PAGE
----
October 27, 2023

#08-353: The Red-Headed League

"Vincent Spaulding" tells Jabez Wilson of a vacancy in the Red-headed League (Wikimedia)

Note: Here's another clever story--with a surprise solution--featuring the estimable Sherlock Holmes!

Get Ready: If you wanted to get someone out of his or her house, how would you do it?

One day when Dr. John Watson arrives at the apartment of his friend, Sherlock Holmes, he discovers Holmes speaking with an overweight older man with flaming red hair. The man, Jabez Wilson, has brought Holmes a puzzle. This is the beginning of the story, "The Red-Headed League," author Arthur Conan Doyle's second favorite of his stories (after "The Adventure of the Speckled Band").

Mr. Wilson has brought Holmes an unusual newspaper advertisement given to him by his young assistant, Vincent Spaulding--who, peculiarly, works at half-wages "so as to learn the business." Wilson is a widower; Spaulding lives with him, as does a 14-year-old girl who cooks and cleans.

The ad seeks red-headed men to come and be paid a fairly nice sum to do nothing more than copy--by hand--articles from the Encyclopaedia Britannica. Since Wilson does business mainly in the evening, and the job calls him to be in a particular office from 10 a.m. to 2 p.m., he applies for the position, and is hired.

After eight weeks, however, he arrives at the office to learn from a note on the door that "The Red-Headed League is Dissolved." It is this that brought him to Holmes, to aid him in finding out what is going on.

Holmes questions Wilson closely about Spaulding, the assistant, who was only hired a month before he brought Wilson the advertisement. Holmes seems to be familiar with this "Spaulding," and says as much to Watson later.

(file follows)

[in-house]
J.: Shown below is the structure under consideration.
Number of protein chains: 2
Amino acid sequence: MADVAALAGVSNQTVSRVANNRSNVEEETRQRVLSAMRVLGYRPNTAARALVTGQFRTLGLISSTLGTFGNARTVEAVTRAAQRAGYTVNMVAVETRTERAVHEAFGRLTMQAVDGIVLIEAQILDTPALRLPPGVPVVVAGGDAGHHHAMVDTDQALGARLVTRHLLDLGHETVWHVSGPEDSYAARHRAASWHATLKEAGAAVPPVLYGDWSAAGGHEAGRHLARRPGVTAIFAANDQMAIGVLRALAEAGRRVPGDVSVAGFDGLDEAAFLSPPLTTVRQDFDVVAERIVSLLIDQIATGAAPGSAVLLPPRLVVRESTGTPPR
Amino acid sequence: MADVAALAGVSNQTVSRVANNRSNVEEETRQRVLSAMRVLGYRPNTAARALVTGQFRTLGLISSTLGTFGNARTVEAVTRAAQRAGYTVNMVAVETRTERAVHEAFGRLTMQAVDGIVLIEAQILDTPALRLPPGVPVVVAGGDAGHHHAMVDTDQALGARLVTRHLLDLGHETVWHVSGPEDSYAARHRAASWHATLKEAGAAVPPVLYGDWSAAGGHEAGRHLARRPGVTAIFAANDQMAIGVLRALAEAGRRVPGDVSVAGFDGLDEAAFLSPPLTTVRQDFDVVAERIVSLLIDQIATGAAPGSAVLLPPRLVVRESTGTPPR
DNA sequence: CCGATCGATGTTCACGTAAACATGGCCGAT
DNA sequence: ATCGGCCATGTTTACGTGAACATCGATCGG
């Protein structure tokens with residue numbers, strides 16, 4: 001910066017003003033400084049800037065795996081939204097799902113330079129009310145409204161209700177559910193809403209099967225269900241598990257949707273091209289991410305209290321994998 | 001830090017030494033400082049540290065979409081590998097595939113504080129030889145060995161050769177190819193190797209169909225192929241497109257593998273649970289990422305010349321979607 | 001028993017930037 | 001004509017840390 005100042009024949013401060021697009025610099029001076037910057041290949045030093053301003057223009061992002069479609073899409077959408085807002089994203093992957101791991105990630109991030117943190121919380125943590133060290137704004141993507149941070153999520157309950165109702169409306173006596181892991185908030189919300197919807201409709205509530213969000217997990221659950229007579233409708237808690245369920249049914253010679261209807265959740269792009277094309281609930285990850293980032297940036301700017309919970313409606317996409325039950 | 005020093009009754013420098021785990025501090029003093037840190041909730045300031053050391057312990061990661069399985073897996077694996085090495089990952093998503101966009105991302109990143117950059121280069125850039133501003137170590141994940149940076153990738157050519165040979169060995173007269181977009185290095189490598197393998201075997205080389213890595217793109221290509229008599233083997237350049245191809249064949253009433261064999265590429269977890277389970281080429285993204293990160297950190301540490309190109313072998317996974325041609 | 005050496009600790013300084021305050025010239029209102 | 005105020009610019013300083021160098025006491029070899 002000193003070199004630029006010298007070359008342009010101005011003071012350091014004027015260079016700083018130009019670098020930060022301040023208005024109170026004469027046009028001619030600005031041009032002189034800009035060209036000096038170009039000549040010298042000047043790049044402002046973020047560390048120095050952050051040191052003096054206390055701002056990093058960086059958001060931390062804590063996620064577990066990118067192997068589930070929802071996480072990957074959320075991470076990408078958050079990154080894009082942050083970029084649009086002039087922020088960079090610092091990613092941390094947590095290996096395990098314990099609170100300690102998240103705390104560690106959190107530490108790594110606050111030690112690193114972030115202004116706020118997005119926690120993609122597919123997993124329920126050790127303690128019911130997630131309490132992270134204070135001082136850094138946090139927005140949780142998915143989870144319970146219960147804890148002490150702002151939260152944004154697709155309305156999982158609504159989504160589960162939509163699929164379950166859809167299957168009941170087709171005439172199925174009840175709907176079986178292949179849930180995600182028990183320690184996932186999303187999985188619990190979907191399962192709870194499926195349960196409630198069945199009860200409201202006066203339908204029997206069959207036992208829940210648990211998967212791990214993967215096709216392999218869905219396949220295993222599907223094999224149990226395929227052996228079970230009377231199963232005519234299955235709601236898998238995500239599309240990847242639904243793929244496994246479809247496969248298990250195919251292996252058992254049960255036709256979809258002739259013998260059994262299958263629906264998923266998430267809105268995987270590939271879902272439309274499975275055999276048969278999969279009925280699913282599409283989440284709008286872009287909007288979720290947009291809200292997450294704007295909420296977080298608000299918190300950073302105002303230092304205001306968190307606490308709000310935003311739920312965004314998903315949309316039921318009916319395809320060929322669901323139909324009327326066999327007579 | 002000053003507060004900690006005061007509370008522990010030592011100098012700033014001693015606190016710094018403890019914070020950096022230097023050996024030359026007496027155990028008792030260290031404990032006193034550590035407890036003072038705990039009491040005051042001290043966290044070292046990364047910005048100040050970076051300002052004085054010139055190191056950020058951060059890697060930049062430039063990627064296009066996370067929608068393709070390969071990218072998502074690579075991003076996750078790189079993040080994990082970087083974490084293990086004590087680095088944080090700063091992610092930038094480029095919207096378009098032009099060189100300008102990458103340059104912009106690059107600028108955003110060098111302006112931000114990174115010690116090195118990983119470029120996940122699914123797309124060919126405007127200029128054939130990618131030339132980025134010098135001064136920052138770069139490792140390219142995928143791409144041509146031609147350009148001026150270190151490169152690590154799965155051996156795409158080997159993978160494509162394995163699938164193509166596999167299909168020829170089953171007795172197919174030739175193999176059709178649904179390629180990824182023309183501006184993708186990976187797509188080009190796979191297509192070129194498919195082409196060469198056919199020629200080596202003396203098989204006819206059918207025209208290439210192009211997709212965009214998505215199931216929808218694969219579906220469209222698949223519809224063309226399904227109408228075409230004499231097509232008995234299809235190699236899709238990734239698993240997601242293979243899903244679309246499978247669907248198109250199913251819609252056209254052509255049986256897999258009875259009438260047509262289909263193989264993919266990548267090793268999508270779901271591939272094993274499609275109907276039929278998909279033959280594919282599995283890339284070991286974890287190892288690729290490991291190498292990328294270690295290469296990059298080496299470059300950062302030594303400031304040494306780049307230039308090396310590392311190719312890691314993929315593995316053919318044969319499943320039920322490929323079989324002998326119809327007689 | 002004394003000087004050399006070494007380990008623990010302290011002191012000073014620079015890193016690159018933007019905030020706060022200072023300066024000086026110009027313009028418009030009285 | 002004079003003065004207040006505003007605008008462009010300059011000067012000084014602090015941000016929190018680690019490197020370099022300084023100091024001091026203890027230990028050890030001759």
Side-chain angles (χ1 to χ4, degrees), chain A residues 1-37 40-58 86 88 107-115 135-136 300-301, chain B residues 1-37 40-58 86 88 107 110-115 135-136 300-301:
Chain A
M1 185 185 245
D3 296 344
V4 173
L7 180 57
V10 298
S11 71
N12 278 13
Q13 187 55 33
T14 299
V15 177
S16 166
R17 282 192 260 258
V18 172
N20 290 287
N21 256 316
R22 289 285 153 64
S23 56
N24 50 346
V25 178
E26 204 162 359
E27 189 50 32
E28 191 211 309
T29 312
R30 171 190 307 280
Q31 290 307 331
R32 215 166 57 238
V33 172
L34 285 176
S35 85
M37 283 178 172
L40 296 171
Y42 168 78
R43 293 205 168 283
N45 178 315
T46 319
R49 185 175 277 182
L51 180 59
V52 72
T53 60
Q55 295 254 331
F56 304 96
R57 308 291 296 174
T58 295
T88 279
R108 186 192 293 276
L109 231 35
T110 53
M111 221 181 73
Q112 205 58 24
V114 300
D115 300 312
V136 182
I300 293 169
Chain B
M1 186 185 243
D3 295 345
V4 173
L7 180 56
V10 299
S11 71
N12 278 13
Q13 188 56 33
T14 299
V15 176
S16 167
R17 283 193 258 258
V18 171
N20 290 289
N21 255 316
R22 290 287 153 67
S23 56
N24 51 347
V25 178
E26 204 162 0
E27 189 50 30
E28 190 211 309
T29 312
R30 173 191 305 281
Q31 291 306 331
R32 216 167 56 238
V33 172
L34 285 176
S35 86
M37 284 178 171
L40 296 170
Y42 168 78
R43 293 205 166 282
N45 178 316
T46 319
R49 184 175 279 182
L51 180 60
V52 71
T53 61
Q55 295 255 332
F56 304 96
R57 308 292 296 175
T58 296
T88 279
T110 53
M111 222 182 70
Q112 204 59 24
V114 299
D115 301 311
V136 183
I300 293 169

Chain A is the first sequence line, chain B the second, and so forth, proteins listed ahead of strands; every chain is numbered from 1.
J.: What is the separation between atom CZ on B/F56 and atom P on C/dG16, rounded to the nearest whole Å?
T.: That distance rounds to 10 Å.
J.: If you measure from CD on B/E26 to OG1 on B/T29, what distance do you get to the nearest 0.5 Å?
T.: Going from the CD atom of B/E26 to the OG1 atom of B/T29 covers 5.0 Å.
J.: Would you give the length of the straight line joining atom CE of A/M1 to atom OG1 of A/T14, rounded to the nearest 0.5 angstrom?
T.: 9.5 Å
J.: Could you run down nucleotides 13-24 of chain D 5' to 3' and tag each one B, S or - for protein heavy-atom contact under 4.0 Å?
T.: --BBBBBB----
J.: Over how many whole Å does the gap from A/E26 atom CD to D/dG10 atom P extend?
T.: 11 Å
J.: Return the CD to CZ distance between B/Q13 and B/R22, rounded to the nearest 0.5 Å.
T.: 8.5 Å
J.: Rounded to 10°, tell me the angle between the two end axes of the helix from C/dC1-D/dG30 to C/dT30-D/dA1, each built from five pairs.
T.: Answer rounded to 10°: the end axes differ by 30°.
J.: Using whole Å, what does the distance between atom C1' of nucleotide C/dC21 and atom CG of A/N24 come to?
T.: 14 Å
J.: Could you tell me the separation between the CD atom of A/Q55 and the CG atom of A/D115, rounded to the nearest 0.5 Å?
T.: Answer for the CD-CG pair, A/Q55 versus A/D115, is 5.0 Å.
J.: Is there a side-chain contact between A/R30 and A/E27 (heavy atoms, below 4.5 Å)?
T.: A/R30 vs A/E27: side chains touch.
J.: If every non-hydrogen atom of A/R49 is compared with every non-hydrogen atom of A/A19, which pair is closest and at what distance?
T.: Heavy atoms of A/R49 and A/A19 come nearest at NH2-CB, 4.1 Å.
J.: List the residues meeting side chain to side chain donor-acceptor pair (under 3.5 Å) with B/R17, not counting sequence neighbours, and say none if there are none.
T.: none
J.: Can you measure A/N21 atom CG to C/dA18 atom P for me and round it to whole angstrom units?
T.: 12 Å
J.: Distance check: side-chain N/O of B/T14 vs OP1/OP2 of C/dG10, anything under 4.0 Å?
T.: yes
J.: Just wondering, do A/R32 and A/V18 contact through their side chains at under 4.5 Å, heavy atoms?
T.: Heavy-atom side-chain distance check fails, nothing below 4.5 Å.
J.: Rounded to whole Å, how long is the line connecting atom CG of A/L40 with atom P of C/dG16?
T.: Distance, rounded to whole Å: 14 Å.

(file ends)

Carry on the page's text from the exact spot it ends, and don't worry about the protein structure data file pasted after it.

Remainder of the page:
Holmes and Watson stop in to Wilson's shop, ostensibly to ask directions, but actually so Holmes can observe "the knees of [Spaulding's] trousers." Holmes then leads Watson around the block to examine the businesses on Farringdon Street, behind Wilson's shop: a tobacconist, a newspaper shop, a bank, a restaurant, and a place where carriages are built. After hearing a concert, Holmes dismisses Watson, but asks him to return for some "serious business" at 10 that night, and adds, "kindly put your army revolver in your pocket."

When Watson arrives that night, he finds two men with Holmes: Peter Jones, from Scotland Yard; and Mr. Merryweather, a bank director. The four leave Holmes's and arrive at Farringdon Street, where Merryweather leads them through an alley and several doors to a cellar full of boxes--containing, as it turns out, a great deal of gold that Merryweather's bank borrowed from a bank in France. The four wait there in darkness.

And sure enough: over an hour later, "Spaulding," the assistant--whom Holmes knows to be John Clay, a notorious criminal--lifts from below a floor paver and emerges with his accomplice, the man who had actually engaged Wilson. The "Red-Headed League" had been a ruse to get Wilson out of his shop every day so they could dig from his cellar to that of the bank and steal the gold--until thwarted by Sherlock Holmes!


Practice: Match the term to its definition:

  1. accomplice
  2. cellar
  3. dissolved
  4. flaming
  5. notorious
  6. ostensibly
  7. puzzle
  8. revolver
  9. ruse
  10. thwarted
  1. very bright
  2. a criminal's colleague
  3. a trick
  4. famous for something bad
  5. supposedly
  6. a basement
  7. a problem to be solved
  8. prevented; stopped
  9. brought to an end
  10. a hand-gun

Answers are in the first comment below.

Submitted to the Shenzhen Daily for October 27, 2023

1 comment:

  1. Answers to the Practice: 1. b; 2. f; 3. i; 4. a; 5. d; 6. e; 7. g; 8. j; 9. c; 10. h